October 2002

The Dust Bowl*

The dry summer of 2002, the driest on record in some places, caused some people to talk about a return to the Dust Bowl. The big difference between this summer’s drought and the Dirty Thirties is duration. Let’s hope that next year brings rain. One Dust Bowl is enough.

In February 1985 the Center for Great Plains Studies here at Emporia State University held a seminar on the Dust Bowl. The purpose of the workshop was to focus on four topics–the literary response to the phenomenon, the social effects, the political effects, and the geological and climatic causes. The workshop was, for all participants, a real learning experience. Reading and hearing the stories of the survivors brought to life the rollers that swept in like black blizzards in the thirties.

“Roller” was the term used for the worst of the storms, the huge, towering, billowing clouds of dust that covered enormous areas. Weather personnel at Amarillo classified dusters into two types, the southwestern and the northern. The first filled the air with dust, but it was the second type that brought in the black blizzards. The Kansas Academy of Science recognized seven classes of dust storms, ranging from relatively minor “sand blows” to the awe-inspiring “funnel storms” that would lift dust into the air as high as four miles and carry it as far away as two or three thousand miles.

The most famous roller of all struck “On the fourteenth day of April, in nineteen-thirty-five,” in the words of one of Woody Guthrie’s dust bowl ballads. Guthrie was in Pampa, Texas, at the time, and he, like many others, had some definite intimations of mortality when that Sunday afternoon suddenly turned into night. Earlier the storm had put a sudden end to a big rabbit drive at Hooker, Oklahoma. Still earlier, as Dodge City was being engulfed, a postcard photographer recorded the scene. A large number of the best dust bowl photographs are from the studio of this Dodge City entrepreneur.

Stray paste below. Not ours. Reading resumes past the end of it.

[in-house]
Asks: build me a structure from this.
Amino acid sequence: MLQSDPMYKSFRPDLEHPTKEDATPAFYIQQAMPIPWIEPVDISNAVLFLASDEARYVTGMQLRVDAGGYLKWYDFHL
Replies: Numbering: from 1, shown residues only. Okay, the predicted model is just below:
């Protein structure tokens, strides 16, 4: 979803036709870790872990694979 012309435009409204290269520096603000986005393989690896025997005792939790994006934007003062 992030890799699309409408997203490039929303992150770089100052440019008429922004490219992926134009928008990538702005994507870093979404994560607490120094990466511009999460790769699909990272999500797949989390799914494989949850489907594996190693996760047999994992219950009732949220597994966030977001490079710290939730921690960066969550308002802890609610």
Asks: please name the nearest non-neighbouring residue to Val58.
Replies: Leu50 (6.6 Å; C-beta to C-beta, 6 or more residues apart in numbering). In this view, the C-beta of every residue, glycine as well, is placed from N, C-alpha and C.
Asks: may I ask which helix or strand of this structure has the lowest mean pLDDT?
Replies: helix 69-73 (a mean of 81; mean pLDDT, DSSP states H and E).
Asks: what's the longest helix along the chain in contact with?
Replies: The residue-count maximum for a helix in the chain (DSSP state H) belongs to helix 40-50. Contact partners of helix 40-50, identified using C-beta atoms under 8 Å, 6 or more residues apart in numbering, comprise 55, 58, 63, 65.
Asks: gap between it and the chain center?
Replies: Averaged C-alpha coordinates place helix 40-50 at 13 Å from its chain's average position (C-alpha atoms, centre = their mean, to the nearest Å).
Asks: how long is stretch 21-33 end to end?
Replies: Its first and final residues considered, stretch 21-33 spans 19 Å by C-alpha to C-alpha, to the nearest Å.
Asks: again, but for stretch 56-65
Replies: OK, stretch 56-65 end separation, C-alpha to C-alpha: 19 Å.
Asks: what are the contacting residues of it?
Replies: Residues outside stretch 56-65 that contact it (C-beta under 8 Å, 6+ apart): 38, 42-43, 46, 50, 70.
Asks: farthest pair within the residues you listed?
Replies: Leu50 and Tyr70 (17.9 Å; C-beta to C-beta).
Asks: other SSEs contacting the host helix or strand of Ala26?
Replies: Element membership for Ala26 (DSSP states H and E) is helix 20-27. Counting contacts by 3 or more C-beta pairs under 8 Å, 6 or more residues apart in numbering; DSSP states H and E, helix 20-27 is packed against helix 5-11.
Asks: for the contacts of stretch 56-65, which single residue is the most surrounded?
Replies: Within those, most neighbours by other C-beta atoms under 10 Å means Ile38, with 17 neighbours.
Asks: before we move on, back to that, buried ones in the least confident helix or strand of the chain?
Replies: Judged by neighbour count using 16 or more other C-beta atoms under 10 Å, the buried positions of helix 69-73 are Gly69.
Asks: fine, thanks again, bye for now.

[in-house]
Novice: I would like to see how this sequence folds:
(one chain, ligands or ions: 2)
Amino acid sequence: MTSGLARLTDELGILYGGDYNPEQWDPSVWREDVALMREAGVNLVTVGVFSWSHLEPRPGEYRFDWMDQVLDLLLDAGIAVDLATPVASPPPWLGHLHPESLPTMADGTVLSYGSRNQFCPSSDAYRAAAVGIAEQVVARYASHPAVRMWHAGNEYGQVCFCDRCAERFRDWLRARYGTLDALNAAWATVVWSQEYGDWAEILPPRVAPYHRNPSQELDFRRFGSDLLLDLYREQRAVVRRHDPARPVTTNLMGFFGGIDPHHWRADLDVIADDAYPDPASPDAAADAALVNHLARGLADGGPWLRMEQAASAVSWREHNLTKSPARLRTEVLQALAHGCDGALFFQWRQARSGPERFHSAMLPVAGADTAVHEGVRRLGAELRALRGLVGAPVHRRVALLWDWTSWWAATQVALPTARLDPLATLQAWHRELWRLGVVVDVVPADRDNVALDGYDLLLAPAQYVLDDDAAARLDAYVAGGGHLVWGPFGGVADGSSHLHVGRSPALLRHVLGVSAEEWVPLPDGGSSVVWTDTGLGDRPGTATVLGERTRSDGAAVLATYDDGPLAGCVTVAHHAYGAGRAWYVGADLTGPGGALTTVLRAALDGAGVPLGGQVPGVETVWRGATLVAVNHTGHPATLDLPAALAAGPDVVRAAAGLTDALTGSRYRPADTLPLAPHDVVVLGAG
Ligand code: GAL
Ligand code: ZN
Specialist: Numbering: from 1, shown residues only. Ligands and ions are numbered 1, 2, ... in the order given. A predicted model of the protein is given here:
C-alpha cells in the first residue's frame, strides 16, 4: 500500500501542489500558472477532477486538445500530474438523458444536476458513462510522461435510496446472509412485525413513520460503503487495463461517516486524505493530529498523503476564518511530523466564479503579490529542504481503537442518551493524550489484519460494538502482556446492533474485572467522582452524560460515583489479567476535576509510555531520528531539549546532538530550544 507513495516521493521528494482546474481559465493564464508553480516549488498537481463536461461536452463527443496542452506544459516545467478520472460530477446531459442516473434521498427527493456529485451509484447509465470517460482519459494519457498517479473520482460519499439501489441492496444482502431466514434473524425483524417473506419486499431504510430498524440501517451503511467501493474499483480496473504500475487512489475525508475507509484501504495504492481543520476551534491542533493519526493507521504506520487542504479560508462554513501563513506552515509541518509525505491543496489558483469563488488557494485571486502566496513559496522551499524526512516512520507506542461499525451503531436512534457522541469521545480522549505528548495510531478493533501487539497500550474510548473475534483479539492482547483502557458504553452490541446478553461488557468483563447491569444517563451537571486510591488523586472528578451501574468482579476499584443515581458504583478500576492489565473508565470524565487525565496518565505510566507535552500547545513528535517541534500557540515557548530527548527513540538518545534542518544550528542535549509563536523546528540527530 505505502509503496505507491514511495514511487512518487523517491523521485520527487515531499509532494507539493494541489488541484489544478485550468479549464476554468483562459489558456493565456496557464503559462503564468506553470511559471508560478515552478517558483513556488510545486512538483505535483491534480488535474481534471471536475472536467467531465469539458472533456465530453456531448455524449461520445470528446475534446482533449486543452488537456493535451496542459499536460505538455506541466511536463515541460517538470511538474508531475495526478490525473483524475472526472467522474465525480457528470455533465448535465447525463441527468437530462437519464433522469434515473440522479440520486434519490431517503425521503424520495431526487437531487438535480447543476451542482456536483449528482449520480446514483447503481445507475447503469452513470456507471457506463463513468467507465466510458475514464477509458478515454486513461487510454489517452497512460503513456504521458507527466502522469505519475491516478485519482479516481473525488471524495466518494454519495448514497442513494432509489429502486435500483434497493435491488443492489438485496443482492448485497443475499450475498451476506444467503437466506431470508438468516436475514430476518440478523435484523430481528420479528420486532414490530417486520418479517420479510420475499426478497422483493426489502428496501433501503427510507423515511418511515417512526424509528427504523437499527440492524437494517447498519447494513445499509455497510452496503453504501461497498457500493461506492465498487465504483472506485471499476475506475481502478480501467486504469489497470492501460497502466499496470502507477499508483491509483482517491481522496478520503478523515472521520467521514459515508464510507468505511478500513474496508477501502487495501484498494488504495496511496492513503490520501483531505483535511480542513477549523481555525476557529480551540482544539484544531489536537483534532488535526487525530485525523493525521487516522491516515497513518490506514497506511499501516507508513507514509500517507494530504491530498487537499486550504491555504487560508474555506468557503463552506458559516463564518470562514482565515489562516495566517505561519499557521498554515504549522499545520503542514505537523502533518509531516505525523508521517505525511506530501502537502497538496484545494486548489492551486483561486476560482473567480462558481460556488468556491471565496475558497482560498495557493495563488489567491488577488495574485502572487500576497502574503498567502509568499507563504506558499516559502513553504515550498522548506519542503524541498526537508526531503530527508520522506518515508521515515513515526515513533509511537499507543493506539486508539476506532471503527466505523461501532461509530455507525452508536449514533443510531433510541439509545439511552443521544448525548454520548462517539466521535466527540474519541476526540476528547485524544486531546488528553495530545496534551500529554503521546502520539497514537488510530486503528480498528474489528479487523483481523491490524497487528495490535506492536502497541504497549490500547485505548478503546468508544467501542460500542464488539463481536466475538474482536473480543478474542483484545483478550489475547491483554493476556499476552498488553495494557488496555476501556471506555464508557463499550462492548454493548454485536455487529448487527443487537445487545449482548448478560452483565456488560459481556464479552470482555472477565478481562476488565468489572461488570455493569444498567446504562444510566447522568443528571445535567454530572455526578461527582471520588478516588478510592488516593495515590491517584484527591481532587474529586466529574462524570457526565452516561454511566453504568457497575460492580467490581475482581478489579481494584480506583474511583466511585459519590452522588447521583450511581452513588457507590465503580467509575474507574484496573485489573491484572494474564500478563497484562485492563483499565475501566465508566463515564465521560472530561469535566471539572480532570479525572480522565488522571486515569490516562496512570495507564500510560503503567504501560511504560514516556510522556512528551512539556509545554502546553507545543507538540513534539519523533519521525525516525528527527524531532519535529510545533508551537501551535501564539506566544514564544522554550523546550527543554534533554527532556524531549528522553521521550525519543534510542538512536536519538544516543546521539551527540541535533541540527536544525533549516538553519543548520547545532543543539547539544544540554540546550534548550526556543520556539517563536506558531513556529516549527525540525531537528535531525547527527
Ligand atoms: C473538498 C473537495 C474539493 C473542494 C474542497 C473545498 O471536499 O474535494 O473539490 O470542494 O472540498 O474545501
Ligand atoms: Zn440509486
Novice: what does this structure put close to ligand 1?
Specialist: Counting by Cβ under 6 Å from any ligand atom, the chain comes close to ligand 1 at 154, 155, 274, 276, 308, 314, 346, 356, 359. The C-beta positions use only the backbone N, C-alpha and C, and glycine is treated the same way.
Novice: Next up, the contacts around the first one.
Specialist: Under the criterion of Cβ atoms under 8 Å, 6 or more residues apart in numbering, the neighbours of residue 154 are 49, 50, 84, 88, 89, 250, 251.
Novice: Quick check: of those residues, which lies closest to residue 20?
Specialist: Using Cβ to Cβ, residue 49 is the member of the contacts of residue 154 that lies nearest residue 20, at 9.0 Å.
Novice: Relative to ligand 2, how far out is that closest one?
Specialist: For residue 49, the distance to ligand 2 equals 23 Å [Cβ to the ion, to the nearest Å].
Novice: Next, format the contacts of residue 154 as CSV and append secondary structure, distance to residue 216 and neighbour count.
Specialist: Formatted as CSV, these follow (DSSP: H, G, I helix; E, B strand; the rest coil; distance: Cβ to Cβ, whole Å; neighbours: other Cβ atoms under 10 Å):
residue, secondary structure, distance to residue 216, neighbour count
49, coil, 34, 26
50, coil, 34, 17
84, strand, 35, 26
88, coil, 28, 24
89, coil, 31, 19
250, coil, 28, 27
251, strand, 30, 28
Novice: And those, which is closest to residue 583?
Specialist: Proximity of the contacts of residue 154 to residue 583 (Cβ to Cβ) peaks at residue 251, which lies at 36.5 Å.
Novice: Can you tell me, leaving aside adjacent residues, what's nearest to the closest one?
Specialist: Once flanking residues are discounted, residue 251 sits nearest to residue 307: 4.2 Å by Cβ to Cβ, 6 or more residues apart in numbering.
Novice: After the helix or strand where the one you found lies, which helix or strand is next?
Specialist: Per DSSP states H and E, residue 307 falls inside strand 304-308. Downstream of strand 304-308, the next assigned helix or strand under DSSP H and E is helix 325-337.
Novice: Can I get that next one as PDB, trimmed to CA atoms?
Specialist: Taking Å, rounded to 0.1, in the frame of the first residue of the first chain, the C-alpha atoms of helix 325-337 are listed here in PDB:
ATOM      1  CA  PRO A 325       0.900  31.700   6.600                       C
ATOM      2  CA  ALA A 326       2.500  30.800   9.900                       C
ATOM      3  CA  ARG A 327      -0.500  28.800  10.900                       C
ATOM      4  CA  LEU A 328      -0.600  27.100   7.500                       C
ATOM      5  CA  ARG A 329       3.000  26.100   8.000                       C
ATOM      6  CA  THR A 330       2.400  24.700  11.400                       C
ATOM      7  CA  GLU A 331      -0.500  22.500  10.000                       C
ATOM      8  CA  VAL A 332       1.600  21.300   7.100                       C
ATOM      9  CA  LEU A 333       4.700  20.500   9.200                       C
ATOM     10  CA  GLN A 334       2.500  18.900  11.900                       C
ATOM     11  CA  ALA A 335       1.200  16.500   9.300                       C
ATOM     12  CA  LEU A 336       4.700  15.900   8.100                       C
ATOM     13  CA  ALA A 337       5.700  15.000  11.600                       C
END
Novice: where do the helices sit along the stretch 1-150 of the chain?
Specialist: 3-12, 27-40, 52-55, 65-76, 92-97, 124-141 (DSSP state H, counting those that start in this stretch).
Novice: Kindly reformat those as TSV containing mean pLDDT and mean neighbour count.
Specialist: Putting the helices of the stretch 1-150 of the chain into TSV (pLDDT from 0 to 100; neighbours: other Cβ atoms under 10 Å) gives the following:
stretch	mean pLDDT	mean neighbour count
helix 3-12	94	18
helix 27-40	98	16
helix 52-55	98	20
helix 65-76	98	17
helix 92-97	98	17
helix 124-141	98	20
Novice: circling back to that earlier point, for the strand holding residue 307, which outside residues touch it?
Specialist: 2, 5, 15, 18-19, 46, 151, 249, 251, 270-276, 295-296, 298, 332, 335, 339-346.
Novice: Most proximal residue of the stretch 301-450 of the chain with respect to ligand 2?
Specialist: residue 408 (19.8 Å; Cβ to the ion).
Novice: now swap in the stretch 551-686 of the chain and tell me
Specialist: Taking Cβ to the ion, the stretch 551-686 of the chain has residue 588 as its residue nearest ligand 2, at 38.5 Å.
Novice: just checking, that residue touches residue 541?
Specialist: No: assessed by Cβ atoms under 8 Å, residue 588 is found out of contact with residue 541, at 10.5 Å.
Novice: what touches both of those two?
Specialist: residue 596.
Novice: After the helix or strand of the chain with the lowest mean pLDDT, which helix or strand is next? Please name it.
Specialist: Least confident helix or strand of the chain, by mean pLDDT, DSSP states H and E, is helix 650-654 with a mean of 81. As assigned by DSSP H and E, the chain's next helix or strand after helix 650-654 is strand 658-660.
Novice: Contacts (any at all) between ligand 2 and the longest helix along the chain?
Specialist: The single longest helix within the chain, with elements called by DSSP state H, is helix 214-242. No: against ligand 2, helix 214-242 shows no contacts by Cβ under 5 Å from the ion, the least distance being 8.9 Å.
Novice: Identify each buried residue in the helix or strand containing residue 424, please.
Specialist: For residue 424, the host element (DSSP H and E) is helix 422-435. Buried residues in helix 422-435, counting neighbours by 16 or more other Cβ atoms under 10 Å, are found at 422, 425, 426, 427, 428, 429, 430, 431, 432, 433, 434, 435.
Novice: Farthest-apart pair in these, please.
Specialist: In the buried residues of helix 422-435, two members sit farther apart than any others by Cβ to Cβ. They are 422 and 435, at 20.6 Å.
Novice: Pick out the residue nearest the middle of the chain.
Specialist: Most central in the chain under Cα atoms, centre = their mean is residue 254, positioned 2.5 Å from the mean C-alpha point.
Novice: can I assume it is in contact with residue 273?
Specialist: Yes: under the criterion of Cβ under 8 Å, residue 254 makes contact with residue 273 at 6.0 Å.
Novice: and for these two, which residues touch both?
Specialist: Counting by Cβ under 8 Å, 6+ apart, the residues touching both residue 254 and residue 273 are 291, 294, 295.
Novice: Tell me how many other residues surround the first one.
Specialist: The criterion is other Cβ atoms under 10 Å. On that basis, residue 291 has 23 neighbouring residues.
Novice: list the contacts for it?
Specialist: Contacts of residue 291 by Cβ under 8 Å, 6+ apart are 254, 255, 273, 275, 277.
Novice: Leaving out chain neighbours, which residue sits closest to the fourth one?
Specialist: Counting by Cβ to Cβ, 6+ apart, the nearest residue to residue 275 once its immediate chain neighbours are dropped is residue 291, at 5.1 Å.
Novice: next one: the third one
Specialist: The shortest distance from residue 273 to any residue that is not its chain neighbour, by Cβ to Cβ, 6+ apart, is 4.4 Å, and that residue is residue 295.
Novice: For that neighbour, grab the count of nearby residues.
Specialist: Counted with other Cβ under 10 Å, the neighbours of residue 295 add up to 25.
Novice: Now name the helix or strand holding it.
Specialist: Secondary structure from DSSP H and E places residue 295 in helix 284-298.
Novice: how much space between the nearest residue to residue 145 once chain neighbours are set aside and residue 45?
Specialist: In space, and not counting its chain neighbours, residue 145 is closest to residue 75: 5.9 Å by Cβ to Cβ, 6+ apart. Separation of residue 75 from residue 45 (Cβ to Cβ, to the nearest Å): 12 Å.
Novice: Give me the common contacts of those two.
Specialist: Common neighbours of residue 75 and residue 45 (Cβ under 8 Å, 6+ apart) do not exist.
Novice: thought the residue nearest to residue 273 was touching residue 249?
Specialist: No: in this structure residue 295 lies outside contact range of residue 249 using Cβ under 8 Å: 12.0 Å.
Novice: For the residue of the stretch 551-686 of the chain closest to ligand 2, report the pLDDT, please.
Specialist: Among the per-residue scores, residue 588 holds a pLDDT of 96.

Another thing that makes this particular storm so memorable is that it is the one that gave the era its name. A storm describing the roller, filed by AP stringer Robert Geiger out of Guymon, Oklahoma, contained this line: “Three little words–achingly familiar on a western farmer’s tongue–rule life today in the dust bowl of the continent... ‘if it rains.’” The papers back east picked up the phrase and soon it was, and will remain forever, a part of the vocabulary of the nation.

The most popular part of the seminar was the first hand accounts by a panel of ESU faculty members. David Travis lived in Bloom, Kansas, and remembered that April 14, 1935 was a quiet and beautiful day, but the huge cloud of dust, looking like the end of the world, came in very quickly. Literally he couldn’t see his hand in front of his face; it was the most eerie, frightening dark he had ever experienced. A kerosene lamp, lit during the storm, shone no brighter than a dimly flickering match. Gene Crawford, who lived in Dodge City, said that it looked like a “giant rolling pin–a two or three thousand foot high rolling cloud of black dust.” His mother got through the storm to their house by wrapping a wet towel completely around her head (she couldn’t see anything anyway) and walking with one foot on the sidewalk and one on the ground until she hit–physically–the cinder block fence around their yard. After one storm, she swept up the dirt that had drifted around only one taped window and carried it to the grocery store scales–twelve pounds of dust. Tom Bridge remembered that he rather liked the dust storms–they blew the top soil off and he could find all sorts of arrowheads and spear points. He also remembered seeing a yucca plant standing straight up in the air on some six feet of exposed root, the surrounding dirt completely blown away.